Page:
New York Times columnist Gail Collins argued in a lecture on Tuesday evening that the Civil Rights movement, the advent of the birth control pill in the 1960s, and the economic slump of the 1970s were crucial in shifting American society’s views on women.
The lecture, titled after her recent book “When Everything Changed,” was this year’s Maurine and Robert Rothschild Lecture, and was given before a packed audience in the Radcliffe Institute’s Knafel Center. Many of Collins’s remarks, interspersed with humor, drew laughter from the audience.
Collins said that the Civil Rights movement’s transformative effects on American society allowed other movements to follow in its wake.
“The country had been so extraordinarily unjust to such a large chunk of its population for such a prolonged period of time, [that] once [people] digested that, I think the country became very sensitive to issues of fairness,” Collins said.
Collins also said that before the advent of the birth control pill, long preparation times for professions such as law and medicine made them seem prohibitive to women.
“After birth control pills became widely available, applications by women to law schools and medical schools went through the roof,” she said.
Collins also noted that in order for families to maintain the type of lifestyle that became popular after World War II, women had to enter the workforce because one salary could no longer support that lifestyle given the tough economic conditions of the 1970s.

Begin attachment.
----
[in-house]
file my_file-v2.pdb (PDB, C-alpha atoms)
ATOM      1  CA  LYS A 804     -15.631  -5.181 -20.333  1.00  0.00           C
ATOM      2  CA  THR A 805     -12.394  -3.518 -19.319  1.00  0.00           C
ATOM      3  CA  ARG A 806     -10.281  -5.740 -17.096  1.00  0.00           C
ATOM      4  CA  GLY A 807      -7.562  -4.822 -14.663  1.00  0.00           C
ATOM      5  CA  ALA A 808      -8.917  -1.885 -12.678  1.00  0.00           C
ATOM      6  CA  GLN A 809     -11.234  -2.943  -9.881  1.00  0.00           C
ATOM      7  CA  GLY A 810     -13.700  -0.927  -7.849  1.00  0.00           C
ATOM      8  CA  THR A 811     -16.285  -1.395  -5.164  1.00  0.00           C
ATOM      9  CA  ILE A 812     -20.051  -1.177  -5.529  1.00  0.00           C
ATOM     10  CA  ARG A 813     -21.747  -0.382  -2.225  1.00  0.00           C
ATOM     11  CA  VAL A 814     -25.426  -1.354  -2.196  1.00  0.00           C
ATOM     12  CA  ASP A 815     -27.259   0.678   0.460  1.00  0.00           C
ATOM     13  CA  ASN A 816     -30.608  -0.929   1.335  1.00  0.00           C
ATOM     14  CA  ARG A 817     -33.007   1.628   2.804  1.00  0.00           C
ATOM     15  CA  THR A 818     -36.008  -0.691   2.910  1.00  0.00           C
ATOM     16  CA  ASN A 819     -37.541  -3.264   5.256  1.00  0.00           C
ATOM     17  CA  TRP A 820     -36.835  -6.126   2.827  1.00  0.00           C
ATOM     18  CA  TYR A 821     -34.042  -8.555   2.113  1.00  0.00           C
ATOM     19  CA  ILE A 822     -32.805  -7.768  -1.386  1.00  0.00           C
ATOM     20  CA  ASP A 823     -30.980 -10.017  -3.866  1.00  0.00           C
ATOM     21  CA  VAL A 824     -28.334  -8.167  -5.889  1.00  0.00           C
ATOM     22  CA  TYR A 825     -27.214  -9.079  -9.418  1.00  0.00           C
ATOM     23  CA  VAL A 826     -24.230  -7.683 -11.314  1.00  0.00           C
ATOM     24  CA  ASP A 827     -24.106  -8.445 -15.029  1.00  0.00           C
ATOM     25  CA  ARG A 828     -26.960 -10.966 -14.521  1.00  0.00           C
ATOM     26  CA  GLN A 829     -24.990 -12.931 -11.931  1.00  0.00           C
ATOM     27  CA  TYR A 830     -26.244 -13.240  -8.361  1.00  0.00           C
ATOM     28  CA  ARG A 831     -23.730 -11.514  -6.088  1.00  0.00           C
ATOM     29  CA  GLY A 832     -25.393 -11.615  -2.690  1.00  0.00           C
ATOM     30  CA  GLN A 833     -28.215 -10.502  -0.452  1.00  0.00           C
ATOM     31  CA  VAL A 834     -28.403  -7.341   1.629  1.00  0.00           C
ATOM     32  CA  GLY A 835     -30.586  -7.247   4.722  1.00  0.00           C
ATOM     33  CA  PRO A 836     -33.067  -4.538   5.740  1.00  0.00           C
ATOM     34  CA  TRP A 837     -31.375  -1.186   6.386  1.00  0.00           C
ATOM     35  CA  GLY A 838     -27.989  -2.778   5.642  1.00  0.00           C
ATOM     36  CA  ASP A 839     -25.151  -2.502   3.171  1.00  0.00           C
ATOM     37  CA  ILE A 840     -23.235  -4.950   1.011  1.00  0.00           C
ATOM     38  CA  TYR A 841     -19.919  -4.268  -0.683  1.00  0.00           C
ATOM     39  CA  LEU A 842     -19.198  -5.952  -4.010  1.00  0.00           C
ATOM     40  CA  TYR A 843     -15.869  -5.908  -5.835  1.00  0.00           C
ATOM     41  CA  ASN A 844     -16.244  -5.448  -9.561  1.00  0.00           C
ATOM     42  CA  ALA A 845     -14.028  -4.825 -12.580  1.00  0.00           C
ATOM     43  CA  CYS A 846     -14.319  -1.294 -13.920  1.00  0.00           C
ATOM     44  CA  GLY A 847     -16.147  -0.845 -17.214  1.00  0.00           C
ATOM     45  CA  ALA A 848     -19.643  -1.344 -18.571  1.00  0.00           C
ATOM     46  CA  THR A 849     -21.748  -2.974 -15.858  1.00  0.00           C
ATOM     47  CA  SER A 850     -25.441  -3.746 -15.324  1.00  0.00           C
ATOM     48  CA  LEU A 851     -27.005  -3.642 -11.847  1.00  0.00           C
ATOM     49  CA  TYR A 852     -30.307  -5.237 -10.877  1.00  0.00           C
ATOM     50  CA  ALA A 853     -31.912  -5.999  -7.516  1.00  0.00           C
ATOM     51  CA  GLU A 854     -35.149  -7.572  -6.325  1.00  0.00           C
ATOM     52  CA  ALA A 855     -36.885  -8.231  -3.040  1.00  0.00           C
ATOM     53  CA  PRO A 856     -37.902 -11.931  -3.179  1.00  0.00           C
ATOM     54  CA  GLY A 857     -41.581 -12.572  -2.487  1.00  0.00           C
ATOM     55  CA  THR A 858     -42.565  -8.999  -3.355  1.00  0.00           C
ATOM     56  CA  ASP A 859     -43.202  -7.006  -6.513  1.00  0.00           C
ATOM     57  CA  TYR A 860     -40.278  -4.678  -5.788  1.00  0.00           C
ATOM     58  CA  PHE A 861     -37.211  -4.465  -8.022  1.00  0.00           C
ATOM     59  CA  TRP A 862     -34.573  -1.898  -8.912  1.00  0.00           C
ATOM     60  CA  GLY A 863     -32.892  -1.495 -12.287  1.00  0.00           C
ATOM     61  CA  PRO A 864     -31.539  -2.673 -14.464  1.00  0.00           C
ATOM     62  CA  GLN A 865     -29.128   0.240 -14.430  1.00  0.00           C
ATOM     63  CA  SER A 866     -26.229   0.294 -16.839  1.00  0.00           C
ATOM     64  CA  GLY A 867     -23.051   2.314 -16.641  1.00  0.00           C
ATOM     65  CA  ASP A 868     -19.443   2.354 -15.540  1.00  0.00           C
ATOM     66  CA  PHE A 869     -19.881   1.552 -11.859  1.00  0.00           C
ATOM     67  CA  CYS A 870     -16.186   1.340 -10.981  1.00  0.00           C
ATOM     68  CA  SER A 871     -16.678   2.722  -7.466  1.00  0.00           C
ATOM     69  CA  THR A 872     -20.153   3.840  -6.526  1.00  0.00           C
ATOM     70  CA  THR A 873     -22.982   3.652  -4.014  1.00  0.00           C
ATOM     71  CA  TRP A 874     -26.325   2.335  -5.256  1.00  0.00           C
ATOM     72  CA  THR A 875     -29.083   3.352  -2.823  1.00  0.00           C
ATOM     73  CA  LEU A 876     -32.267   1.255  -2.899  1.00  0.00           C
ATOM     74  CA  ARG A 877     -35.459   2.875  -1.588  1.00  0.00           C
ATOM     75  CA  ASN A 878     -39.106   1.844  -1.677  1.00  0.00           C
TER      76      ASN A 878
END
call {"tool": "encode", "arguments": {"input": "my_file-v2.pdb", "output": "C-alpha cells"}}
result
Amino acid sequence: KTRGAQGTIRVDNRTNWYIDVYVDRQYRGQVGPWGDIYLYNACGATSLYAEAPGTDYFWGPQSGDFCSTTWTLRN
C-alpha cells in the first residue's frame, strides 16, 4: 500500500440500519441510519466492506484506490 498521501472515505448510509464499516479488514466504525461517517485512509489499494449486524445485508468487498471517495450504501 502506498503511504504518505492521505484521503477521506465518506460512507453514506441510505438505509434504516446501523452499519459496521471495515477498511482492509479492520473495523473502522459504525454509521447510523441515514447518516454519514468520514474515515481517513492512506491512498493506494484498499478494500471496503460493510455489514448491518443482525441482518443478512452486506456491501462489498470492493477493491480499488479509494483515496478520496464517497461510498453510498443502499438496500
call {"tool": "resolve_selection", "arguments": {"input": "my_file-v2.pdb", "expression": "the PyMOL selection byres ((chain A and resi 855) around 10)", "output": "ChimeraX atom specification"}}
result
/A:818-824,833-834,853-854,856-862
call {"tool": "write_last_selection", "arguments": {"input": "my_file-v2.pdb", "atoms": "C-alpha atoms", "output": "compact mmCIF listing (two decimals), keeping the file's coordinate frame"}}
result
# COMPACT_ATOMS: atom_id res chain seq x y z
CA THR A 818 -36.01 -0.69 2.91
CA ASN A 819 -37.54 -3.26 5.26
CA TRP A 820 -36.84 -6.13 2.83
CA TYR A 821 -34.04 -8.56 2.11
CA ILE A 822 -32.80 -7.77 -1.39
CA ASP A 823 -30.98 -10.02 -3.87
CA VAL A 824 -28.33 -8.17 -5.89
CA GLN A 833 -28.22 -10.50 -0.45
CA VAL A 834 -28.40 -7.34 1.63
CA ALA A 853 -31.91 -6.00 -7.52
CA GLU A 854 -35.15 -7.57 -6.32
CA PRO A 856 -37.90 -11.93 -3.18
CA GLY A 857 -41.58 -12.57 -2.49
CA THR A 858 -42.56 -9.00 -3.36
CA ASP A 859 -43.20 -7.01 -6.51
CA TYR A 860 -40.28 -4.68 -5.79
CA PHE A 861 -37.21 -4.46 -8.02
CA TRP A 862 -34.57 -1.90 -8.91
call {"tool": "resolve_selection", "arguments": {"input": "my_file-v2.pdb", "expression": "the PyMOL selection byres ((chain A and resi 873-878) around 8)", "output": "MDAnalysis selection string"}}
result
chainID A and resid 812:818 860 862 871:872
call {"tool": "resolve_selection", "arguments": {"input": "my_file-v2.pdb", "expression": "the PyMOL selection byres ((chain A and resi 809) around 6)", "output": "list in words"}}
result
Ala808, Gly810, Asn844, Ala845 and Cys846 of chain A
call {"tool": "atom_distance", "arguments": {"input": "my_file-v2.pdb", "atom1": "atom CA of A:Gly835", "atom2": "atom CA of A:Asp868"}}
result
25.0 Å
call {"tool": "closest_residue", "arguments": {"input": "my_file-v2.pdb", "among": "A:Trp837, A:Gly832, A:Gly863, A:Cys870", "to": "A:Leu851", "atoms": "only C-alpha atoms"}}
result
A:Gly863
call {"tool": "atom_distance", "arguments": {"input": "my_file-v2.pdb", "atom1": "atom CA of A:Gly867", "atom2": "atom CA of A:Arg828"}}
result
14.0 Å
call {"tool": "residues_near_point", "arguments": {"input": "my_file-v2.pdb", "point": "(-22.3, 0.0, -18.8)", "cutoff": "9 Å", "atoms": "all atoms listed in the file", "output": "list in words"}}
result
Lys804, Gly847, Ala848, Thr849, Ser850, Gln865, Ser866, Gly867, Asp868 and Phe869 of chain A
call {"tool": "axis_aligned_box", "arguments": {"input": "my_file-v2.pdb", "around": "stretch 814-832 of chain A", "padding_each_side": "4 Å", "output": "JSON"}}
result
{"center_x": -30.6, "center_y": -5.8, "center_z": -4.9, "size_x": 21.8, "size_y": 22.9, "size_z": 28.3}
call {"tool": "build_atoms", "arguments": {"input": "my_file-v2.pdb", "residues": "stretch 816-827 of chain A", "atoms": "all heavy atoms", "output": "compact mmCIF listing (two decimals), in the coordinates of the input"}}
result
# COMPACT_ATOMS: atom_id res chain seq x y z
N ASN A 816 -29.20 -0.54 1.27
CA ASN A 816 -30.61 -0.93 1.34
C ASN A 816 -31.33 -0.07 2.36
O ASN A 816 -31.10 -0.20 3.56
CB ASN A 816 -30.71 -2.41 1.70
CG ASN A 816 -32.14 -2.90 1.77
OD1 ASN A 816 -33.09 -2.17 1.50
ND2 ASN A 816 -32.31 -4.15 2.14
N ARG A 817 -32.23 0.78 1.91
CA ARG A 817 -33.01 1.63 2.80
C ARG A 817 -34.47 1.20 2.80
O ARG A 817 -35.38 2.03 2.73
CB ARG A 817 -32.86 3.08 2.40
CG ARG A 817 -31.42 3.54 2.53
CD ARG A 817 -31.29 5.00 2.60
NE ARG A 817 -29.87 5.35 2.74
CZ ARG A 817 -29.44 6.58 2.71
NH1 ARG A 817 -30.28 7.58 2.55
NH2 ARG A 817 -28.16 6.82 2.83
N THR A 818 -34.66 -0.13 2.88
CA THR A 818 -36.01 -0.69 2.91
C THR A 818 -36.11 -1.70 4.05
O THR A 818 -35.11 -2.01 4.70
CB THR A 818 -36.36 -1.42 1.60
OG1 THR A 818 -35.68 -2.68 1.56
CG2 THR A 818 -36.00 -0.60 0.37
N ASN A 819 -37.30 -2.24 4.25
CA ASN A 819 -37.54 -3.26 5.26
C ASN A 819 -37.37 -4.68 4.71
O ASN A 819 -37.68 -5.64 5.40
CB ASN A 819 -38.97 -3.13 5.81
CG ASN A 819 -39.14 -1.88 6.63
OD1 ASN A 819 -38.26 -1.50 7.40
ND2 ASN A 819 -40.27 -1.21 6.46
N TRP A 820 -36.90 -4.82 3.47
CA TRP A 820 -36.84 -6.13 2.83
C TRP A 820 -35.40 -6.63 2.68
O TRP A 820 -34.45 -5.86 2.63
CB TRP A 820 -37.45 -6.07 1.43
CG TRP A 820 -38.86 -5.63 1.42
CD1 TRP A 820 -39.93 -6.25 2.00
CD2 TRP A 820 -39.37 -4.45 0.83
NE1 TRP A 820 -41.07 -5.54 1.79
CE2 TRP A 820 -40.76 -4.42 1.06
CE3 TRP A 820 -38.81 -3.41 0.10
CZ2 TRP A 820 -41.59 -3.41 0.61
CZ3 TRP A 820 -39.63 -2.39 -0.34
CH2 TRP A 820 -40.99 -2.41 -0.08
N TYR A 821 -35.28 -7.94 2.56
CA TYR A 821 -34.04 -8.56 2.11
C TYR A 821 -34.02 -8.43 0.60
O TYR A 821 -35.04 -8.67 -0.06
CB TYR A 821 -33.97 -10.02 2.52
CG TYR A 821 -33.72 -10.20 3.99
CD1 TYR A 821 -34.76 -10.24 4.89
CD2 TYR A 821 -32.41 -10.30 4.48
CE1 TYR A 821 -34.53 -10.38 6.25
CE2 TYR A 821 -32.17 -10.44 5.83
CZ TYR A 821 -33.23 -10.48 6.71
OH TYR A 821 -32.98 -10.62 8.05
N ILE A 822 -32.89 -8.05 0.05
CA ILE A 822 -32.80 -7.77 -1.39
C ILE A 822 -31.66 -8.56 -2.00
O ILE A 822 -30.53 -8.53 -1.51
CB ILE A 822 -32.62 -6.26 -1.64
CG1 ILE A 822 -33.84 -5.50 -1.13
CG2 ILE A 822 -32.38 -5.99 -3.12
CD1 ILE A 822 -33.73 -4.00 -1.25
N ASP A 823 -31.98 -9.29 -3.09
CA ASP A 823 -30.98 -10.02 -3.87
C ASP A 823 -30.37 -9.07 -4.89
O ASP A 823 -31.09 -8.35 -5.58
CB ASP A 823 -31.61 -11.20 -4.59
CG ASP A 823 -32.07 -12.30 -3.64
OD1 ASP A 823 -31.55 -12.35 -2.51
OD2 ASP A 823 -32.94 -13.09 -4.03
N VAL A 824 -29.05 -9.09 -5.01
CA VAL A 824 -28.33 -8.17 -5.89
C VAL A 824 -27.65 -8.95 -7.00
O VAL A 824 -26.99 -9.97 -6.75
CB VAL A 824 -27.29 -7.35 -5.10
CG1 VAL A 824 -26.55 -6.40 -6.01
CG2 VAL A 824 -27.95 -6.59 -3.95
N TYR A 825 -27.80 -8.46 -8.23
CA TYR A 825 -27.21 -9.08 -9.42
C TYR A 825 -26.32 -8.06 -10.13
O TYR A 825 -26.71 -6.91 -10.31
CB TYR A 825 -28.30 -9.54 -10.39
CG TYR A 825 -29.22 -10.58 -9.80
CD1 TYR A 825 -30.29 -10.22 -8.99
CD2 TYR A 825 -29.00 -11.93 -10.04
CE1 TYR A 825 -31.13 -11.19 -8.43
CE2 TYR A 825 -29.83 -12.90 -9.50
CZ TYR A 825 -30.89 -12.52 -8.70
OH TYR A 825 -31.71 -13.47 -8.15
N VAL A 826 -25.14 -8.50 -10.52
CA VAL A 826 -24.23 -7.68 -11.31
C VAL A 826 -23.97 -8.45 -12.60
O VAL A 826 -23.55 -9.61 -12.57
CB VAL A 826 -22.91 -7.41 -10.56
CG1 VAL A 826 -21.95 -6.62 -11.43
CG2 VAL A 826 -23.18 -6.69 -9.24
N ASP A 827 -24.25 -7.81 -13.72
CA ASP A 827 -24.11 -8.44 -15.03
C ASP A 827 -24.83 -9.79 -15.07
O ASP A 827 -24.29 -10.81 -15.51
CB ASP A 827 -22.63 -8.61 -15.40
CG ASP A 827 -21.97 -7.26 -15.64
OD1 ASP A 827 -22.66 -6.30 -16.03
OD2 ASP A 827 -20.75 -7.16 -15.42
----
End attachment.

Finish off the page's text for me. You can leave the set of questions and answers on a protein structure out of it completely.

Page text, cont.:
“It’s important because when women work, it’s a matter of course [that] they are powerful and taken seriously. In this country you are not taken seriously unless you have an economic role,” Collins said. “It was the great mistake the suffragists made that they thought if you had the vote, that’s all you needed.”
Collins also said that the general shift in America’s attitudes toward women also affected men.
“It created a world in which men and women marched forward in partnership, sharing responsibilities, both ready to jump in each other’s roles when need be,” she said.
Nancy F. Cott, who introduced Collins and serves as director of the Schlesinger Library, said that she thought Collins’s popularity and ability to educate audiences made her an excellent speaker for the event.
Alice X. Wang ’14, a co-chair of the Harvard Women’s Leadership Conference who attended the event, said that while she has examined issues of implicit discrimination against women in the workplace, she was surprised by some of the information presented by Collins.
“I didn’t realize that it was only a few decades ago that women weren’t even allowed to work in most professions,” she said. “It was amazing to hear about the transformation that happened so recently.”